This article describes the Graduated Forensic Learning Model (GFLM), a systematized structured process for onboarding advanced Master of Social Work (MSW) students who serve as interns in a forensic inpatient psychiatric program located on a California state prison campus. The California Healthcare Facilities-Psychiatric Inpatient Program (CHCF-PIP) located in Stockton, formerly the Department of State Hospitals-Stockton, is an adult male correctional institution. CHCF-PIP and the MSW program at California State University-Stanislaus partnered to provide enriching educational experiences to MSW students desiring clinical training. The GFLM uses a gradual or progressive learning approach where students are expected to demonstrate an increase in knowledge, skills, and values during their field practicum. The GFLM relates specifically to CHCF-PIP, however, its utility and applicability is transferable to other social work contexts particularly since literature about onboarding students in field placement agencies is so scant.

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From Good to Great: An Innovative Bridge Program Developing Professionalism and Self-Reflection in Social Work Students Entering the Field

Published October 2018

by Darrin E. Wright, PhD
Clark Atlanta University
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Introduction

Professional education lies at the heart of social work and serves as the basis for the field’s commitment to developing professional social workers. A vital part of that commitment is field education. According to the 2008 Educational Policy and Accreditation Standards of the Council on Social Work Education (CSWE), field education is the signature pedagogy of social work education. Signature pedagogy is a central form of instruction and learning to socialize students to perform the role of the practitioner (CSWE, 2008, p. 8). Field education serves this specific purpose of linking classroom theory to practice. One of the most pressing challenges in recent years for many undergraduate and graduate programs is the shift in student demographics as it relates to student populations who seek degrees in social work. An increasing number of social work students in recent decades are first-generation college students, who often may lack some of the expected social awareness skills needed to be successful in the field (Toutkoushian, Stollberg, & Slaton, 2018).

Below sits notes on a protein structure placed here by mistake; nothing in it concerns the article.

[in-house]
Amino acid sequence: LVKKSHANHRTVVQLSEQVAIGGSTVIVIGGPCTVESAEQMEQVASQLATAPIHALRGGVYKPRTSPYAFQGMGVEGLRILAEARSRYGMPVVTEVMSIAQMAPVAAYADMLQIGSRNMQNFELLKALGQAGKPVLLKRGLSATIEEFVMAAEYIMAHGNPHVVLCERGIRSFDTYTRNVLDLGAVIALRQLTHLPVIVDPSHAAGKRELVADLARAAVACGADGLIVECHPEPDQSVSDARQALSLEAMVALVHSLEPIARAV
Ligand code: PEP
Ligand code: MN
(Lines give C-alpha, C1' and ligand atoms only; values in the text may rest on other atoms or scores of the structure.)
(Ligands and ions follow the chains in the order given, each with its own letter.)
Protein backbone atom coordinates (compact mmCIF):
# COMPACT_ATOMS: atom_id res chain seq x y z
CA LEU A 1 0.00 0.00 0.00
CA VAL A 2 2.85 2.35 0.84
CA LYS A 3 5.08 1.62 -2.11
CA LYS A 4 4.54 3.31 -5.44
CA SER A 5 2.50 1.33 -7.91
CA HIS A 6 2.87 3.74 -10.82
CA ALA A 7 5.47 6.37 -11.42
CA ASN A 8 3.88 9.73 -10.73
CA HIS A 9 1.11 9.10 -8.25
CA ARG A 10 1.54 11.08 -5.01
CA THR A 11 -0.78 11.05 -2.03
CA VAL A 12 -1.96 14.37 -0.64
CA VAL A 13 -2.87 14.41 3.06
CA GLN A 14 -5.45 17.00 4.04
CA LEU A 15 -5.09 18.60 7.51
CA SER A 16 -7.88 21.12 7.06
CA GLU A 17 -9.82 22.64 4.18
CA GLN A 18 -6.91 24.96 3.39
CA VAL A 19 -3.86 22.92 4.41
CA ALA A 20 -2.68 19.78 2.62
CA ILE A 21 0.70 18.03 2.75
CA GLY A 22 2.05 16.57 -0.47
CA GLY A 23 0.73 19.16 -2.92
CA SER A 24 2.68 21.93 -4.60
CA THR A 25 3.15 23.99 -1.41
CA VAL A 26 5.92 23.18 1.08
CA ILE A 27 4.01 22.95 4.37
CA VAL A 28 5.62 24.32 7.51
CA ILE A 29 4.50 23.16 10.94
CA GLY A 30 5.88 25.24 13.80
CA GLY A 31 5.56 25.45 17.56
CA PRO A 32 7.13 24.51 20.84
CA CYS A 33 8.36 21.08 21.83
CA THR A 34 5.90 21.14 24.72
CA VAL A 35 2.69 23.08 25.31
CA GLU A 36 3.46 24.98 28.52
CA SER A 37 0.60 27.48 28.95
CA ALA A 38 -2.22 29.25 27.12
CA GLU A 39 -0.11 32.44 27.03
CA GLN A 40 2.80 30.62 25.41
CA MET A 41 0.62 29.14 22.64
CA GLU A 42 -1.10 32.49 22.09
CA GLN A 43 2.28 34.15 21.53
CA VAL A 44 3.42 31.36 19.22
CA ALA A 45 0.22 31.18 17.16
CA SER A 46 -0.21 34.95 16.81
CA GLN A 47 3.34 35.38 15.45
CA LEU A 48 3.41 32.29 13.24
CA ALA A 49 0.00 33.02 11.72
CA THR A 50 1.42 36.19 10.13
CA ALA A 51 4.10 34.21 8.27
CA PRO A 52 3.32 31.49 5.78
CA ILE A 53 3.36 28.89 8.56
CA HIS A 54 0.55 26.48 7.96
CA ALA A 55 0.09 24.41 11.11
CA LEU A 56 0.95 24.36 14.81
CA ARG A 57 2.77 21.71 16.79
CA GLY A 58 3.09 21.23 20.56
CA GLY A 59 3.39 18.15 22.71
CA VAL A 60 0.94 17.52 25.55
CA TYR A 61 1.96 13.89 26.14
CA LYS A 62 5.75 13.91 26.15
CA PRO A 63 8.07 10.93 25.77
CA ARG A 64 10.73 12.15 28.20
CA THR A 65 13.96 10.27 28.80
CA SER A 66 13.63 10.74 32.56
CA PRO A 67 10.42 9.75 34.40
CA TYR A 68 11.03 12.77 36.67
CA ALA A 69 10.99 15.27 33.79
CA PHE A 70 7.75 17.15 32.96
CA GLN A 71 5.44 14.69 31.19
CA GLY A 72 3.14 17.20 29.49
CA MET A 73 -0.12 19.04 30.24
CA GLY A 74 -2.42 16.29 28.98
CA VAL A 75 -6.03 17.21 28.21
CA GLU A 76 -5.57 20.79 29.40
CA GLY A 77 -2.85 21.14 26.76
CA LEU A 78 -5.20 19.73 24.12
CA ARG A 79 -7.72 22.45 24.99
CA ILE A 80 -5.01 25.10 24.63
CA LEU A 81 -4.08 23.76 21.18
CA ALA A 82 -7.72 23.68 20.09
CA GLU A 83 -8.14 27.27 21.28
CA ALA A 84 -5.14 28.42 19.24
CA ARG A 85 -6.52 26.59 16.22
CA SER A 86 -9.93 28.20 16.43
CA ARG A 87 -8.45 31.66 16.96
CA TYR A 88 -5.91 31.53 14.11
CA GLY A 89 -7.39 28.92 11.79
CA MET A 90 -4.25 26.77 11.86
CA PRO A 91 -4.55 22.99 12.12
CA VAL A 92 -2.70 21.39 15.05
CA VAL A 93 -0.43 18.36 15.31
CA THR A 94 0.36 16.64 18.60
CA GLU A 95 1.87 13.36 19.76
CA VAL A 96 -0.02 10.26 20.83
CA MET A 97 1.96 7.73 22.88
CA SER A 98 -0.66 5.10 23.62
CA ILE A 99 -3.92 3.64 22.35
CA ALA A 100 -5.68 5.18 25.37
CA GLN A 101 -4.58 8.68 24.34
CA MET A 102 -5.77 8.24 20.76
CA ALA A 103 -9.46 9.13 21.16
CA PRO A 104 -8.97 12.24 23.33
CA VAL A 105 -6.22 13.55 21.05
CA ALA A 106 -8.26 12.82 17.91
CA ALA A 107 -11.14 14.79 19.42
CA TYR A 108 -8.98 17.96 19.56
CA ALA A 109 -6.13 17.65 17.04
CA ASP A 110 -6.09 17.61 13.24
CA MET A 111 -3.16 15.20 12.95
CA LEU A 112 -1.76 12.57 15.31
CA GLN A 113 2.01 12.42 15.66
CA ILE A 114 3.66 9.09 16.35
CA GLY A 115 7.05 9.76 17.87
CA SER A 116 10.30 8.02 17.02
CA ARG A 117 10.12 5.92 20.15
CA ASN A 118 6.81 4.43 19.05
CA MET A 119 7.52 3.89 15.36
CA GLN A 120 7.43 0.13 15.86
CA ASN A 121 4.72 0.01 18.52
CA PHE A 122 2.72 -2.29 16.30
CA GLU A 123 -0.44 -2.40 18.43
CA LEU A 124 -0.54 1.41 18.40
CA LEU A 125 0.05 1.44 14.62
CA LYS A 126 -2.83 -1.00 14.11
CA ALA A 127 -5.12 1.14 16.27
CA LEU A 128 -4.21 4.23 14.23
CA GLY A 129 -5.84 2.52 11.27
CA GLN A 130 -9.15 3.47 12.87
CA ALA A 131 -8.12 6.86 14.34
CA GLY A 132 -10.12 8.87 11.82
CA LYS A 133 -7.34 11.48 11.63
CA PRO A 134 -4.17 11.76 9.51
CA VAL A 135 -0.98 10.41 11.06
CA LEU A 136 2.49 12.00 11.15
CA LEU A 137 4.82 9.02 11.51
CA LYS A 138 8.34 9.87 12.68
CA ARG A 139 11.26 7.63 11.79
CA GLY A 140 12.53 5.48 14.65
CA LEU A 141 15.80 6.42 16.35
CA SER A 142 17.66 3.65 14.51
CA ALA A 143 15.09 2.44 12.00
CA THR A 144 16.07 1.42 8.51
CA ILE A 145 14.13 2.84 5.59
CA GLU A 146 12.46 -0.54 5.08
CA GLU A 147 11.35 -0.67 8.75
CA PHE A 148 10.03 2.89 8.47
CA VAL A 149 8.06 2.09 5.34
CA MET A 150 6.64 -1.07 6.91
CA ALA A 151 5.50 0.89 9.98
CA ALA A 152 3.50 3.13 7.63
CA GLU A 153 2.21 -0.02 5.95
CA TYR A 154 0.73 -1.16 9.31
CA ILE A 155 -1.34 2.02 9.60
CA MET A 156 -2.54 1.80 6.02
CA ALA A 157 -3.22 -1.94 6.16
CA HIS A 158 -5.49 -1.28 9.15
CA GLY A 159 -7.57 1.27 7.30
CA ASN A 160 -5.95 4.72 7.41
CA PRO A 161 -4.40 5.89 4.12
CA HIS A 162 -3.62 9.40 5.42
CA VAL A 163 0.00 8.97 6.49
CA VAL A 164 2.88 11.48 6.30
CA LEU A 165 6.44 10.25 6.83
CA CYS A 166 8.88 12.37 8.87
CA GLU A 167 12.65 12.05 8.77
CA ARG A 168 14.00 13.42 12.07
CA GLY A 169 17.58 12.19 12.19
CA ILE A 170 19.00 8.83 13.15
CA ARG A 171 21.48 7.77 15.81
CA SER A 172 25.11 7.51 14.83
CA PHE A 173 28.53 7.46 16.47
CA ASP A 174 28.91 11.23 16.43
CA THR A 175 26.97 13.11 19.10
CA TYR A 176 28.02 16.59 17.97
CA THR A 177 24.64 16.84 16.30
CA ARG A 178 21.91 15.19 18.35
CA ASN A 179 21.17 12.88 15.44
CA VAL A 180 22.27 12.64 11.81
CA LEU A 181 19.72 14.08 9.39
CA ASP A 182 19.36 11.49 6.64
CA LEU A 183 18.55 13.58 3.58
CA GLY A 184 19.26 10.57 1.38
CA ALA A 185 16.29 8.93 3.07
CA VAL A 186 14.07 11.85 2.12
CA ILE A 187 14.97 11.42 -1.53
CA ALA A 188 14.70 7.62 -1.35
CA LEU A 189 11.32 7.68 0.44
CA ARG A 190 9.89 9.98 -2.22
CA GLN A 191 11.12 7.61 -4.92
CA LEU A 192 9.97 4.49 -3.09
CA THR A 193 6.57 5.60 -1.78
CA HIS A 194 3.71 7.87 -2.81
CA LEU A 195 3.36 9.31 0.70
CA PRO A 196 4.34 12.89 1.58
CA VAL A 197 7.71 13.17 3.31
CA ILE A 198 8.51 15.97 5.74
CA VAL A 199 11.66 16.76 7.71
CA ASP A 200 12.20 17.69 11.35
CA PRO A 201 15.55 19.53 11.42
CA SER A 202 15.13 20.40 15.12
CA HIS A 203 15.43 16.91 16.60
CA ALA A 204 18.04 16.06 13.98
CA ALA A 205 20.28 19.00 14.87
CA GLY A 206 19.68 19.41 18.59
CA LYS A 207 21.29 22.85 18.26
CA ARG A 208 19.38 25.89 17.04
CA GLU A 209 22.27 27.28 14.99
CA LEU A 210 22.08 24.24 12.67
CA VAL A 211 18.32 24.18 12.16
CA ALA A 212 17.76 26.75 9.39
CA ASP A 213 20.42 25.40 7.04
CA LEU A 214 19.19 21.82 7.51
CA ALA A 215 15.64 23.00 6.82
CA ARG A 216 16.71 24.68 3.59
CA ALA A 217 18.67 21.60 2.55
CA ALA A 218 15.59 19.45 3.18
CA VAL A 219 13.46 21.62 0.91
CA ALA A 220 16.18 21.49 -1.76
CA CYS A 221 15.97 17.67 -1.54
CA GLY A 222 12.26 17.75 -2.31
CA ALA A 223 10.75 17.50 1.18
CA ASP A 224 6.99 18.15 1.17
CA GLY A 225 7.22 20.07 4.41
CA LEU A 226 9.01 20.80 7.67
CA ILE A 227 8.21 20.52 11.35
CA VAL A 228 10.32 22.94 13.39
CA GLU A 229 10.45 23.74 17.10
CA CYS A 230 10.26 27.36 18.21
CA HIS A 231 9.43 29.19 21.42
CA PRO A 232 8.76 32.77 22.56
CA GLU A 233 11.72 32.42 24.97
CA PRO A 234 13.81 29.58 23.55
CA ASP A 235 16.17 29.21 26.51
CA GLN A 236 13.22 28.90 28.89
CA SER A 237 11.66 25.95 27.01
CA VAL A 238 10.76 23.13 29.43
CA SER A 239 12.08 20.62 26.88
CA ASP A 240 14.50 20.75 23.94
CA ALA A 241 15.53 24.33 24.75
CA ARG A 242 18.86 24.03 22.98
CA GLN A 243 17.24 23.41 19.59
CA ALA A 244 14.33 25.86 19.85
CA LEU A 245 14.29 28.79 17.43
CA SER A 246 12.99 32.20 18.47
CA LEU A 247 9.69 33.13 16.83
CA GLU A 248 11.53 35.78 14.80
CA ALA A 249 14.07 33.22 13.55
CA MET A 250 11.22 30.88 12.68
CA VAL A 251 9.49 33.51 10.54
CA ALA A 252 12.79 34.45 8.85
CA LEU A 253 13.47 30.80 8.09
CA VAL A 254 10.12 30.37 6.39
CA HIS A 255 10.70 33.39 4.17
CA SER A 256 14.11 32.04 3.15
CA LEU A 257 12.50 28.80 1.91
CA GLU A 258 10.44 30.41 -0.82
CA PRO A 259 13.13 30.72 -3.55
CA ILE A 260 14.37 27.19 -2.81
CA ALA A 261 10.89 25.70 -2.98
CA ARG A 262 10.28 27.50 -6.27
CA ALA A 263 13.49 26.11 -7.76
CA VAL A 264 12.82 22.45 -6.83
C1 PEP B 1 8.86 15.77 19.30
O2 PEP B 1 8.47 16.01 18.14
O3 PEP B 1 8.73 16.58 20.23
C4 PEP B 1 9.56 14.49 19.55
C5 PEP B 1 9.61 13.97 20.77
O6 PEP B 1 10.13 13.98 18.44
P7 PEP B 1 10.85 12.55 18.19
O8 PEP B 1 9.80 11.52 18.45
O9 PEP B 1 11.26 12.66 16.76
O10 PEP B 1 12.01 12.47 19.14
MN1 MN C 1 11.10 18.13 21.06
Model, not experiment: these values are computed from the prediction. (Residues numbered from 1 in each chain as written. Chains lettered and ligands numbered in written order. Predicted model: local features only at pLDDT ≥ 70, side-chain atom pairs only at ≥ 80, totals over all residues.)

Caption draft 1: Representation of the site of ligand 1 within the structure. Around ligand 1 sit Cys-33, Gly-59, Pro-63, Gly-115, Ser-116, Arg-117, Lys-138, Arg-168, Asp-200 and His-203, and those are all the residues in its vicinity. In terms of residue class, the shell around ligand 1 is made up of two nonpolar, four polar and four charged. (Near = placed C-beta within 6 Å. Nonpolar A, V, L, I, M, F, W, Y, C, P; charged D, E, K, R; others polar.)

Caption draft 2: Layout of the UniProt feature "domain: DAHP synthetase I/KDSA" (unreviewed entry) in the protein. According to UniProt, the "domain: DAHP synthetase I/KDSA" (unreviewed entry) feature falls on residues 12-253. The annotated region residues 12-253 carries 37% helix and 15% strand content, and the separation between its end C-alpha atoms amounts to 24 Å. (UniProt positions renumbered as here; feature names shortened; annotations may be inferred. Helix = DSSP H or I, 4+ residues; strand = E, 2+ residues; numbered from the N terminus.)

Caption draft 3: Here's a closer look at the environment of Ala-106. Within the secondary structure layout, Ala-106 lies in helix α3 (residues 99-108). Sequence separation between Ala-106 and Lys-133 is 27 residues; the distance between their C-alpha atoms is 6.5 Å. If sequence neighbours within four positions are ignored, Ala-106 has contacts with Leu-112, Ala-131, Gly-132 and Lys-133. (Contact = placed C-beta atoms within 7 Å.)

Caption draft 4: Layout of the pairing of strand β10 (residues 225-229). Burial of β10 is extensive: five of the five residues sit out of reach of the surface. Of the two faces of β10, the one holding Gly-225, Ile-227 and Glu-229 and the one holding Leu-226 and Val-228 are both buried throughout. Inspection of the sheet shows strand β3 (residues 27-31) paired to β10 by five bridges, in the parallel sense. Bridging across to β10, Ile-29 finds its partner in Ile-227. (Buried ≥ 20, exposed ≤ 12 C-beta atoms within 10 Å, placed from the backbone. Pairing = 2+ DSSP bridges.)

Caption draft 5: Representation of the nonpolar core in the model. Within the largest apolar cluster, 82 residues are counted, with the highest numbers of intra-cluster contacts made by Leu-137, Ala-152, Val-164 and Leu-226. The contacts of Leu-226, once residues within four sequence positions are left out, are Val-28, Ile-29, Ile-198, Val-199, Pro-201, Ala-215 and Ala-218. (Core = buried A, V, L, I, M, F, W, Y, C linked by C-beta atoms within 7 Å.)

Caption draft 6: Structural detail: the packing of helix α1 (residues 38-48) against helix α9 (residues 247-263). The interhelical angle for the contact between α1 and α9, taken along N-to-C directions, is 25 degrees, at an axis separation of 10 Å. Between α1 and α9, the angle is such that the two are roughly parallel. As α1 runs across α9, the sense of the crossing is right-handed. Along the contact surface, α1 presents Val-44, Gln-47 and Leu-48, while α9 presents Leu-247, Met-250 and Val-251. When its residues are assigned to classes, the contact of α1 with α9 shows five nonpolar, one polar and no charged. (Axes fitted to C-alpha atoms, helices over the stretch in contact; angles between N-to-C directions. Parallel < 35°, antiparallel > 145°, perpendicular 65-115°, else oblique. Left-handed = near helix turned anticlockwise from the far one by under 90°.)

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Bridging the Divide Between Practice and Academia: An Integrated Model of Field Education

Published October 2018

by Michael R. Lynch, MSW
The State University of New York at Buffalo

Katie McClain-Meeder, MSW
The State University of New York at Buffalo
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Introduction

Field education is often seen as the vehicle by which theory is integrated with practice. Through field education, students are able to link the traditional classroom curriculum with real-life practice. If field is the place where curriculum meets practice, why do the worlds of practice and academia seem so far apart? Why do field instructors feel disconnected from social work faculty? In this brief article, we will argue that field departments have a unique and exciting opportunity to bridge the worlds of practice and academia and make unique and meaningful connections between these two worlds. Specifically, we will look at the role of field in facilitating student, agency, and faculty participation in field placements with an enhanced curricular focus (ECF).

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Developing Community Among Social Work Field Seminar Students: Lessons Learned from the Online Classroom

Published October 2018

by Jara L. Dillingham, MSW
University of Southern Indiana
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Introduction